If you hope to win any game of tug of war, it’s prudent to be able to size up the folks on the other side of the rope. Comcast—the country’s largest cable operator— already knew there would be plenty of opposition to its proposed buy of No. 2 operator Time Warner Cable, and what the deal could mean for traditional and online video distribution. Now that the proposal is officially on the FCC record, however, Comcast can better view the opposition. It can also point to many supporters with strong hands on its side, weighing in on the record.
Dish Network, Netflix, Free Press, the Consumer Federation of America, the Writer Guild of America West, the Future of Music Coalition and WeatherNation TV were among those officially petitioning the FCC to block the deal.
And if the commission doesn’t block the deal, those companies all want plenty of conditions. Among the asks: Guaranteed protection of spot cable, mandatory à la carte, and favorable retrans conditions, to name but a few.
The deadline for asking the FCC to deny the deal passed on Aug. 25. Comcast pointed to over 200 groups and officials who weighed in with support. But its critics filed numerous requests to deny the deal—notably a group of 60 or so consolidation opponents that included Common Cause and Consumers Union. They cited everything from Comcast/TWC’s size, to its must-have sports programming, to its control of the weather (let’s call that a somewhat inflated reference to its ownership percentage of the Weather Channel).
Comcast has until Sept. 23 to reply, but executive VP David Cohen has already weighed in with a lengthy blog post responding to the critics, including saying that some of the programmers critical of the deal are ones who failed to renegotiate better terms in exchange for their support.
Here are some highlights from the massive data drop at the FCC last week.
Foes and Critics of the Deal
The Sports Fans Coalition wants the FCC to take no action on Comcast/TWC until Time Warner Cable’s impasse with California multichannel video programming distributors over the Dodgers regional sports network (RSN) is resolved, and then either deny the merger or condition it on the spin-off of all of Comcast’s RSNs.
WeatherNation TV wants the deal blocked because it says the company could foreclose competition in the meteorological programming space—Comcast has a 25% interest in Weather Channel.
The Parents Television Council joined with various “decency” and “morality” groups to request that the FCC block the deal unless the new company agreed to unbundle its programming.
Sinclair Broadcasting said the FCC must either put conditions on the Comcast/Time Warner Cable merger—including retrans conditions— to deregulate broadcasters, or deny what would create a combination that it said could drive TV stations out of business.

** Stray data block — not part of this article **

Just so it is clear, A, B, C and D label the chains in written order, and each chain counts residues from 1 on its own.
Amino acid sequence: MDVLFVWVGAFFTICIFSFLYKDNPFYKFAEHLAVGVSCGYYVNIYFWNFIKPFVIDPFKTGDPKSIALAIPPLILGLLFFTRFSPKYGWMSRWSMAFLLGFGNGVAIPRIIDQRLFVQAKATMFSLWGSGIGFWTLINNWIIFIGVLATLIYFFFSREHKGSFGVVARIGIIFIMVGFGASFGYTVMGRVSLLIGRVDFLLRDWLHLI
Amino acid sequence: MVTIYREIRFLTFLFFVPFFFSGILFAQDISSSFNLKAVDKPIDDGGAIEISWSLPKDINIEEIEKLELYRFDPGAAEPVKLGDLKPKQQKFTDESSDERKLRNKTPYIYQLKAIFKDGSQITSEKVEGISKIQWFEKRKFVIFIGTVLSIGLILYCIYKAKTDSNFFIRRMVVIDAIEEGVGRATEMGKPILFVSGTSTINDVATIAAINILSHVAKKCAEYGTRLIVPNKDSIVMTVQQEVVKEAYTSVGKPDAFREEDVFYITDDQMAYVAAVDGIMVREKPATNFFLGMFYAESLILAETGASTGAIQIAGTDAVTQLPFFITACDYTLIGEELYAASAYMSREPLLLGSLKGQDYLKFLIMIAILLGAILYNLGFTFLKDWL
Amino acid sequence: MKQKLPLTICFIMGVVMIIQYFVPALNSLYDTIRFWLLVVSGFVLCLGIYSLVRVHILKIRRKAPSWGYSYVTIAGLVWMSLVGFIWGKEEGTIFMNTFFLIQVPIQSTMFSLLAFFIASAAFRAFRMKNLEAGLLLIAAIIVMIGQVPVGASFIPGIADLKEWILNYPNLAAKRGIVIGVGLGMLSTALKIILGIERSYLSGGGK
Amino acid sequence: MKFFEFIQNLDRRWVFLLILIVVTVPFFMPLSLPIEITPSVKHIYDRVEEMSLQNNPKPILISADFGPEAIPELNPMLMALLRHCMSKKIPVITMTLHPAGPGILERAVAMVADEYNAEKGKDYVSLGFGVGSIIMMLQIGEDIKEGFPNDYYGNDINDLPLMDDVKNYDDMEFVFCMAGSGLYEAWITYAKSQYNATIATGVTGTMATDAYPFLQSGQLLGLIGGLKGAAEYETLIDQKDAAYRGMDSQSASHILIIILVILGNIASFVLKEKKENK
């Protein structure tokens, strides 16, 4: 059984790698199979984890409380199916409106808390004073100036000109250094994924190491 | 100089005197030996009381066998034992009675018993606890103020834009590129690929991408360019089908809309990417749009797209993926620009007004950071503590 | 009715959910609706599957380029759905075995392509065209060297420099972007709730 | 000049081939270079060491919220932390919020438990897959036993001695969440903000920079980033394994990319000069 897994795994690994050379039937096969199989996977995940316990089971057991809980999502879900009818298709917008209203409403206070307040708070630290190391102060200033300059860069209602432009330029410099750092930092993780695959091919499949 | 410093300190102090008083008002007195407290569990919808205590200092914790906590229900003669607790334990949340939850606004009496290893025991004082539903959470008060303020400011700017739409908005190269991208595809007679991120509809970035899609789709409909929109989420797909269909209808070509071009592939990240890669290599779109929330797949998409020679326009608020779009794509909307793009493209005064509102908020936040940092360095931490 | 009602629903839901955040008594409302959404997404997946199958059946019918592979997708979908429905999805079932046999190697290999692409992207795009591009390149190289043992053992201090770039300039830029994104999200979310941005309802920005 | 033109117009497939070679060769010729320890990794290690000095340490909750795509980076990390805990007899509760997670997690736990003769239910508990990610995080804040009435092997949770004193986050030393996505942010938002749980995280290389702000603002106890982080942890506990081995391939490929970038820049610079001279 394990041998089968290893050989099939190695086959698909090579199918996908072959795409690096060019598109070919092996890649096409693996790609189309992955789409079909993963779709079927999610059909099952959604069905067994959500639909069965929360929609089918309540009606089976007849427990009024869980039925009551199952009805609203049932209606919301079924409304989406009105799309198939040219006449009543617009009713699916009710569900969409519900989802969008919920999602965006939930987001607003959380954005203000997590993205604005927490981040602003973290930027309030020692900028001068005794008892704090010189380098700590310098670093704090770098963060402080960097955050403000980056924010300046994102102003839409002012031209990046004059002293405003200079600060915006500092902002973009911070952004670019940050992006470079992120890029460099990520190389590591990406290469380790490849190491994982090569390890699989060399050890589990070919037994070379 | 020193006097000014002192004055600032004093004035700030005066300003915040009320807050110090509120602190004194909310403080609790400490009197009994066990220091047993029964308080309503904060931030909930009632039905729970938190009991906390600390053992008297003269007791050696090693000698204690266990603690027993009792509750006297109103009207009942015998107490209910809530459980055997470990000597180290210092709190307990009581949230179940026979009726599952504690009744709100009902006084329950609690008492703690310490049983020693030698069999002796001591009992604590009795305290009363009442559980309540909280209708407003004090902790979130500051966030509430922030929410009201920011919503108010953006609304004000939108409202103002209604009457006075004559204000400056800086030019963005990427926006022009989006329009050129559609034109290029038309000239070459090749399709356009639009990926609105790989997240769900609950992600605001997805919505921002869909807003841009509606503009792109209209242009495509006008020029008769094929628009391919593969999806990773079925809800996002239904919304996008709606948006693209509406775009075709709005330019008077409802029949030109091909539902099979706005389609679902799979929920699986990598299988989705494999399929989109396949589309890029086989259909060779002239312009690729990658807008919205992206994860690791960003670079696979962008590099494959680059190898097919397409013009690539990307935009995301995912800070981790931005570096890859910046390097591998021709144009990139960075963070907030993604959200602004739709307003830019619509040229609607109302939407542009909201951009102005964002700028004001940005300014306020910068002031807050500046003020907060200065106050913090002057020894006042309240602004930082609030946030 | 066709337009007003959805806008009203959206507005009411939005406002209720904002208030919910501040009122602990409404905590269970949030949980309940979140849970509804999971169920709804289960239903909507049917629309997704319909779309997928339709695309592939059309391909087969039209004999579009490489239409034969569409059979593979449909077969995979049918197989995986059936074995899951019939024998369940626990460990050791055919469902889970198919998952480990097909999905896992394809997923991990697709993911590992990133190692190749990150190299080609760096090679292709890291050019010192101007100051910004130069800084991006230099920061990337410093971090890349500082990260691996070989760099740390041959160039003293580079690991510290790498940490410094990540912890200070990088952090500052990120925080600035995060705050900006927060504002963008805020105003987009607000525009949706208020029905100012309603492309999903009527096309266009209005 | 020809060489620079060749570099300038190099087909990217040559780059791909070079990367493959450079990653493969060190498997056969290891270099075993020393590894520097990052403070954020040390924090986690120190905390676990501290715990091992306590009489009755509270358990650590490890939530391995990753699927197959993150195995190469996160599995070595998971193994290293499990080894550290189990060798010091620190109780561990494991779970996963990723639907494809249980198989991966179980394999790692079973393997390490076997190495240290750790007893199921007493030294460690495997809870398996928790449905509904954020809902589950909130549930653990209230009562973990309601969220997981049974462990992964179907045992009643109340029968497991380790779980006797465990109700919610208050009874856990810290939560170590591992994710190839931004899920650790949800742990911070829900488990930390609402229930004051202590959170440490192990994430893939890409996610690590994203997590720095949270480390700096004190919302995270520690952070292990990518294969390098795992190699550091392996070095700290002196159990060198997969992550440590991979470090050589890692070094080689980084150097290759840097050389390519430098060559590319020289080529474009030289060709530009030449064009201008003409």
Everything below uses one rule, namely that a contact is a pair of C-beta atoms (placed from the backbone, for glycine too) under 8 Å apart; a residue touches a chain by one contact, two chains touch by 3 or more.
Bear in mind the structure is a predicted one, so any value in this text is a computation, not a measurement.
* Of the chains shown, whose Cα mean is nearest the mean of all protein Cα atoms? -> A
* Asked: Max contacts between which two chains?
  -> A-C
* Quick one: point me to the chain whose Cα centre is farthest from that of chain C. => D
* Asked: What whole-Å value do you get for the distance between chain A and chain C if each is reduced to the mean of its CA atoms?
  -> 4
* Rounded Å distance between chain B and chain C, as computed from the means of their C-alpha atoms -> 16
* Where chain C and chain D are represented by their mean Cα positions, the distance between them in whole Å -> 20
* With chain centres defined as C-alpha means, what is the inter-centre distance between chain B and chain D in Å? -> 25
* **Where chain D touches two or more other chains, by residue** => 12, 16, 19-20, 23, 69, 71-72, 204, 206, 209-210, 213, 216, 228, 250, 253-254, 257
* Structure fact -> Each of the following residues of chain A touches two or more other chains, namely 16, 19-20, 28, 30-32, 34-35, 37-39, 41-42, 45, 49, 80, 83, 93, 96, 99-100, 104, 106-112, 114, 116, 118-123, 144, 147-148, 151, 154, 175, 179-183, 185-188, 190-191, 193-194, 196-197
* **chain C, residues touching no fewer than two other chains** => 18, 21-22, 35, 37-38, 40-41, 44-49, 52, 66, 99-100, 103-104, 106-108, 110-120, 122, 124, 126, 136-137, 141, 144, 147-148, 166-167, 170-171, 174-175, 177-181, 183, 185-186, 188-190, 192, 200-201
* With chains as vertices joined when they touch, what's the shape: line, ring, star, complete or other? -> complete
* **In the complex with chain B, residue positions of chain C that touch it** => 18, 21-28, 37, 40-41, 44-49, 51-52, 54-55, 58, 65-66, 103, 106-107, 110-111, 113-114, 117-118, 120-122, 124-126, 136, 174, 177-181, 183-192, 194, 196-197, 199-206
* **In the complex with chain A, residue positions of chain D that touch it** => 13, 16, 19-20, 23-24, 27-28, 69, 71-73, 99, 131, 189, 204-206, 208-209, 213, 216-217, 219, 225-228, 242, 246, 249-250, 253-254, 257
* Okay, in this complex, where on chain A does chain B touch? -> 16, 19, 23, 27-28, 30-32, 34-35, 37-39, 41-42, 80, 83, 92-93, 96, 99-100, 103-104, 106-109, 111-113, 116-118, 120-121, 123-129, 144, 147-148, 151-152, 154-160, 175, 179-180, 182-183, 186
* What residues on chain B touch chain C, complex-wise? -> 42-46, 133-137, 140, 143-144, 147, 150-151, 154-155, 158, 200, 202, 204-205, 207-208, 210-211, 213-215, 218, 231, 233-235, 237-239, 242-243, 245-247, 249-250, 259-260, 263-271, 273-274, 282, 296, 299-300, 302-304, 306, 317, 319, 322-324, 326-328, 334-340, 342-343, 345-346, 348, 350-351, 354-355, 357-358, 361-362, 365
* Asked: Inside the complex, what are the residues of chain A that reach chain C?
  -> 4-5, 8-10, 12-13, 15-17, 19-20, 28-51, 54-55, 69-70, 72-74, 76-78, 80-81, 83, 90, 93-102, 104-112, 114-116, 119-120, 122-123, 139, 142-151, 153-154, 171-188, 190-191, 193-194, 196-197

Fans of the Deal
Urban League of Springfield. Mass., whose president Henry Thomas praised Comcast’s Essentials low-income broadband program and urged the FCC to approve the deal.
Democratic Municipal Officials, a national association of elected mayors also weighed in with a yes. Even though Comcast’s Cohen has said he does not think municipal broadband is the best way to bridge the digital divide, the association offered support: “This transaction stands to produce new investment in infrastructure that will enhance video and Internet service in our communities,” said DMO president Cindy Lerner.
TiVo cites Comcast’s history of working with it on retail set-top innovation as a reason it is supporting the deal. “TiVo believes that approval of the above-referenced transaction should benefit consumers that wish to use retail devices to access their pay-TV programming,” it said.
The National Association of Broadcasters, in a pitched battle with cable operators over retrans—but counting Comcast’s NBC among its members—steered a middle course. It did not comment on the substance of the deal, but signaled that Comcast was currently in discussions with some broadcast groups over their concerns.
The New York Public Service Commission is conducting its own review, and said it was not ready to weigh in on one side or the other. But it also said it thought Comcast and Time Warner Cable were low-balling the potential for both horizontal and vertical harms and suggested the FCC would need to apply some conditions if it approved the deal.
If you hope to win any game of tug of war, it’s prudent to be able to size up the folks on the other side of the rope. Comcast—the country’s largest cable operator— already knew there would be plenty of opposition to its proposed buy of No. 2 operator Time Warner Cable, and what the deal could mean for traditional and online video distribution. Now that the proposal is officially on the FCC record, however, Comcast can better view the opposition. It can also point to many supporters with strong hands on its side, weighing in on the record.Subscribe for full article
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